A VISITOR attraction near Andover has asked for planning permission to extend its hospital for birds of prey.

The Hawk Conservancy Trust has submitted plans to Test Valley Borough Council to increase the size of the hospital in order to “comply with current legislation” which states that wild birds should be treated in a separate area.

The hospital treats birds at the park, in Weyhill, along with those brought in by the public.

Its application states: “To provide compliant facilities, it is necessary to provide additional and separate accommodation.

“The practical and most economical solution is to extend the existing building.

“The extension is positioned to give easy access from the parking area and to avoid bringing wild birds into the park.”

The bird of prey hospital was granted planning permission 20 years ago in 1999, when Test Valley Borough Council approved plans for the hospital along with vet accommodation above.

The Trust is a registered charity and the park has 22 acres of grounds including woodland and a wildflower meadow.

It cares for more than 130 birds of prey from owls to eagles, and its purpose-build National Bird of Prey Hospital is where sick, injured or orphaned raptors are cared for.

Visitors can view the ongoing rehabilitation work during their time at the park.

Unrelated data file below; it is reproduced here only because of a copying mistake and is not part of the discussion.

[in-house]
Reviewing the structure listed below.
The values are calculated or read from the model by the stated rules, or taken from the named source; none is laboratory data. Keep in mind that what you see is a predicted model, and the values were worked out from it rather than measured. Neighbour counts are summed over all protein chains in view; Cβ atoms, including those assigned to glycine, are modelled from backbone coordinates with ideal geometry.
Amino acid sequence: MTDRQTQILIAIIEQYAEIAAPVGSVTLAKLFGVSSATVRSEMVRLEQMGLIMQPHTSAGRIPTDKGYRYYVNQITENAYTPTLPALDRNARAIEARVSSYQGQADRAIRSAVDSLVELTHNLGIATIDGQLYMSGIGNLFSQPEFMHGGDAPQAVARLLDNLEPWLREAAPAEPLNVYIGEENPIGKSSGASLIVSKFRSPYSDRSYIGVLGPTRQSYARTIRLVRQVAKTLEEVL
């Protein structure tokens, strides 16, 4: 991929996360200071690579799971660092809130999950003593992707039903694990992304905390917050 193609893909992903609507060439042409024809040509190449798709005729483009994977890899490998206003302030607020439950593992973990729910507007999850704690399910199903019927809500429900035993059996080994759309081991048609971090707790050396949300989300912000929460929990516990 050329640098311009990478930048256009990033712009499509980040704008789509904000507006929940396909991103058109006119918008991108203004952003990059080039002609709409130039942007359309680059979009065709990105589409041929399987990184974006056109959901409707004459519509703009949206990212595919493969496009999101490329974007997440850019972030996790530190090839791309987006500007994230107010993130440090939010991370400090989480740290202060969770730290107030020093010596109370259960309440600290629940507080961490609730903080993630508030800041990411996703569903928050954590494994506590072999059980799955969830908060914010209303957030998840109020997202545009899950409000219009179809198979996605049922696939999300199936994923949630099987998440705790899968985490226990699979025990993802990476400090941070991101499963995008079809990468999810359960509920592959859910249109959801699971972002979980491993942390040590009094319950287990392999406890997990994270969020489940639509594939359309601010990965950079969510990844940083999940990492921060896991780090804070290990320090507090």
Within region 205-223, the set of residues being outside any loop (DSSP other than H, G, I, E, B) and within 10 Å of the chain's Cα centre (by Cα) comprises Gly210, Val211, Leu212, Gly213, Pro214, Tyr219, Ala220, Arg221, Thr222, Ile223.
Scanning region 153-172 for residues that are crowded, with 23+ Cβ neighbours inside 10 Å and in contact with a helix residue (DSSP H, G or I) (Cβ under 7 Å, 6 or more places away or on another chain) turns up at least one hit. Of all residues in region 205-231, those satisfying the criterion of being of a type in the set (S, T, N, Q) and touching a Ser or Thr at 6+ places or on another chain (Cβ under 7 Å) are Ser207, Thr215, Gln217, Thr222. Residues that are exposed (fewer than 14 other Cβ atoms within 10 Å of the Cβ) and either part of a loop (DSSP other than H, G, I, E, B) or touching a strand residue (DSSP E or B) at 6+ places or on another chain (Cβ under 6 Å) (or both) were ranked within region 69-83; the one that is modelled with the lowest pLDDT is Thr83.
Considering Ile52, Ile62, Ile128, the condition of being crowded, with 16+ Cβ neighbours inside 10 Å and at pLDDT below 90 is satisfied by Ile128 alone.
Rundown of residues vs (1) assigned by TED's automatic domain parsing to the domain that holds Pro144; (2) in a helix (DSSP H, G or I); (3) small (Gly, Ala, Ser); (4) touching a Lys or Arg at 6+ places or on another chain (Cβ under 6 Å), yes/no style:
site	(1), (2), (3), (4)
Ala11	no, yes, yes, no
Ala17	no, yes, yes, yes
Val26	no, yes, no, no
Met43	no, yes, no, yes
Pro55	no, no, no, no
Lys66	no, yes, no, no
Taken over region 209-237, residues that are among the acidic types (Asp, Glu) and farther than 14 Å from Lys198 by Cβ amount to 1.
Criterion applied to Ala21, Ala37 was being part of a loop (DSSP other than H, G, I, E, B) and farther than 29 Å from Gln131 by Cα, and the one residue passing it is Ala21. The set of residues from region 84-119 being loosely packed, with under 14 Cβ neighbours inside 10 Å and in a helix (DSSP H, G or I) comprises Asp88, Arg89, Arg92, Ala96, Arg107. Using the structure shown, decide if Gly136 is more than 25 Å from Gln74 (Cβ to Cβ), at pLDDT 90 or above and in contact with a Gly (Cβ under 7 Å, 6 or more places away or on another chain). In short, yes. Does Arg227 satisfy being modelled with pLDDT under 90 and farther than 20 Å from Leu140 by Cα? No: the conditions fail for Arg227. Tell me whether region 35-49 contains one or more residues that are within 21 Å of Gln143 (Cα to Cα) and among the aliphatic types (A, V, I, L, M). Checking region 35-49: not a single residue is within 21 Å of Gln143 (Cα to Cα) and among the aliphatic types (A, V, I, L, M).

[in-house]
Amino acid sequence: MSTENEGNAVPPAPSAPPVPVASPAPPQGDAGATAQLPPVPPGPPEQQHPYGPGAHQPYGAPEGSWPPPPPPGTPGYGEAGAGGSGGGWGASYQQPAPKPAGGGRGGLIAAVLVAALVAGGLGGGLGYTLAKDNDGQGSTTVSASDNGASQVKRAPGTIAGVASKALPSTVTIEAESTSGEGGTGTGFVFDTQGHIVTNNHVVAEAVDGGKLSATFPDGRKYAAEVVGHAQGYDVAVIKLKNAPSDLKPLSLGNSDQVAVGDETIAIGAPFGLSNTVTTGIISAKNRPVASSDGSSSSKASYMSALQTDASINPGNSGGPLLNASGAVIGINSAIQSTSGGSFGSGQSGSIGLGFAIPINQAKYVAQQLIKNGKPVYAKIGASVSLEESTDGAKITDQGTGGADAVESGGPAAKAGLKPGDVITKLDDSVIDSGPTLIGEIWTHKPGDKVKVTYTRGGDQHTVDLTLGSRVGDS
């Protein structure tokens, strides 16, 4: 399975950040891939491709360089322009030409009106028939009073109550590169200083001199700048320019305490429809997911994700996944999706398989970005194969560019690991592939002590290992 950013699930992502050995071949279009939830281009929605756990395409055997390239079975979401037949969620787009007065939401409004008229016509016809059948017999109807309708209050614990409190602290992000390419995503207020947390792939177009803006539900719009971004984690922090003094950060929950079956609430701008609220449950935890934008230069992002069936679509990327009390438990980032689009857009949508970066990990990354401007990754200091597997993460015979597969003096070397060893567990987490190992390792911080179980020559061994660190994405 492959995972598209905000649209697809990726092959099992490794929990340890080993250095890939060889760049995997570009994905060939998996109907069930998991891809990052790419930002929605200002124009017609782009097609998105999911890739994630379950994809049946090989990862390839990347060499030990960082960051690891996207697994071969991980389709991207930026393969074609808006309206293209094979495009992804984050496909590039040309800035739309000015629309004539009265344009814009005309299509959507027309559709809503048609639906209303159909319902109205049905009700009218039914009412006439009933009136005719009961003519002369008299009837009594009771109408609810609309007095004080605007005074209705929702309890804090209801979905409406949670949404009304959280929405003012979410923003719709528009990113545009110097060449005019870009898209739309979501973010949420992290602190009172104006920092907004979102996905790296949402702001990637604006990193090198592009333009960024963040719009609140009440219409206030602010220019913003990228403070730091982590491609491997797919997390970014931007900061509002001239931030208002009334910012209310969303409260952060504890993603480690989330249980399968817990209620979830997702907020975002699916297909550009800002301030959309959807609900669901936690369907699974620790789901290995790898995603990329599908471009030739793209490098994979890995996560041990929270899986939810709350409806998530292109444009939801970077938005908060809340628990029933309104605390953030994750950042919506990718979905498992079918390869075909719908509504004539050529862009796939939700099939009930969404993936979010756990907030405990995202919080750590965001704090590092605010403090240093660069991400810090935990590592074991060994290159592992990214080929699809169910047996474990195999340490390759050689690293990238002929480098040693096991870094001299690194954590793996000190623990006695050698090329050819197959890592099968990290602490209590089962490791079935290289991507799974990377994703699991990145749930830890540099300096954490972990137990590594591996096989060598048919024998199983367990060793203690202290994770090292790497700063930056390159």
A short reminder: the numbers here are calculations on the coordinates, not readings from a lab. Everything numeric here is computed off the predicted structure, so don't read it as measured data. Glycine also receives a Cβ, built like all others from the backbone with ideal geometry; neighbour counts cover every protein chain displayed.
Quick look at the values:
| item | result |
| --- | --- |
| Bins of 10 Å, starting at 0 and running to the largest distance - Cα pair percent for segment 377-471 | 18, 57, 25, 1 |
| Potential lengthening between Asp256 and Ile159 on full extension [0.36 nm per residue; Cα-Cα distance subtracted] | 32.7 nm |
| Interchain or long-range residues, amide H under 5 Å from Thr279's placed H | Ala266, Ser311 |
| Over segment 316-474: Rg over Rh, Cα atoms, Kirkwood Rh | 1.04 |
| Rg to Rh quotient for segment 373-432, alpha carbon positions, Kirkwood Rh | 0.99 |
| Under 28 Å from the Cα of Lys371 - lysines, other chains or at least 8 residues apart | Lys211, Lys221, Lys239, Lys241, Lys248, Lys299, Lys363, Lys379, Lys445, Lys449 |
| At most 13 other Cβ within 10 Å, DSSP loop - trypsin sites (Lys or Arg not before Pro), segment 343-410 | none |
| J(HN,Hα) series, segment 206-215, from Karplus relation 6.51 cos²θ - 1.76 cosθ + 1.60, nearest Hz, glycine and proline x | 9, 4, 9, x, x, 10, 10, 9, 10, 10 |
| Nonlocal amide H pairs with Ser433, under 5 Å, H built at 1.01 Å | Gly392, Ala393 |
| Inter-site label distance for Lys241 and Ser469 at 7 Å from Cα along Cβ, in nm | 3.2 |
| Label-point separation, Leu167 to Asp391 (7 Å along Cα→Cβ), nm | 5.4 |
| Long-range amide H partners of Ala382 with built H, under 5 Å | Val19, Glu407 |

The Hawk Conservancy Trust was founded by Reg Smith, the son of a butcher, born and bred in Andover, whose lifetime ambition was to become a farmer.

In 1952, with the help of his father, Tom, he bought Sarson Farm which later became the site of the Hawk Conservancy Trust following an appearance on BBC’s Blue Peter in the early 1960s.

Reg and his wife Hilary took an albino badger onto the show, which prompted hundreds of people to visit the farm.

The couple decided to sell part of the farm to raise money to open a zoo, and in 1966 Weyhill Zoo was founded, specialising in European wildlife including wolves, bears and birds of prey.

Reg and Hilary’s youngest son, Ashley, trained some of the birds before demonstrating their first public flying display in 1975 which was a huge success.

In 1980 the family decided to specialise in one group of species and changed the name of the park to The Hawk Conservancy.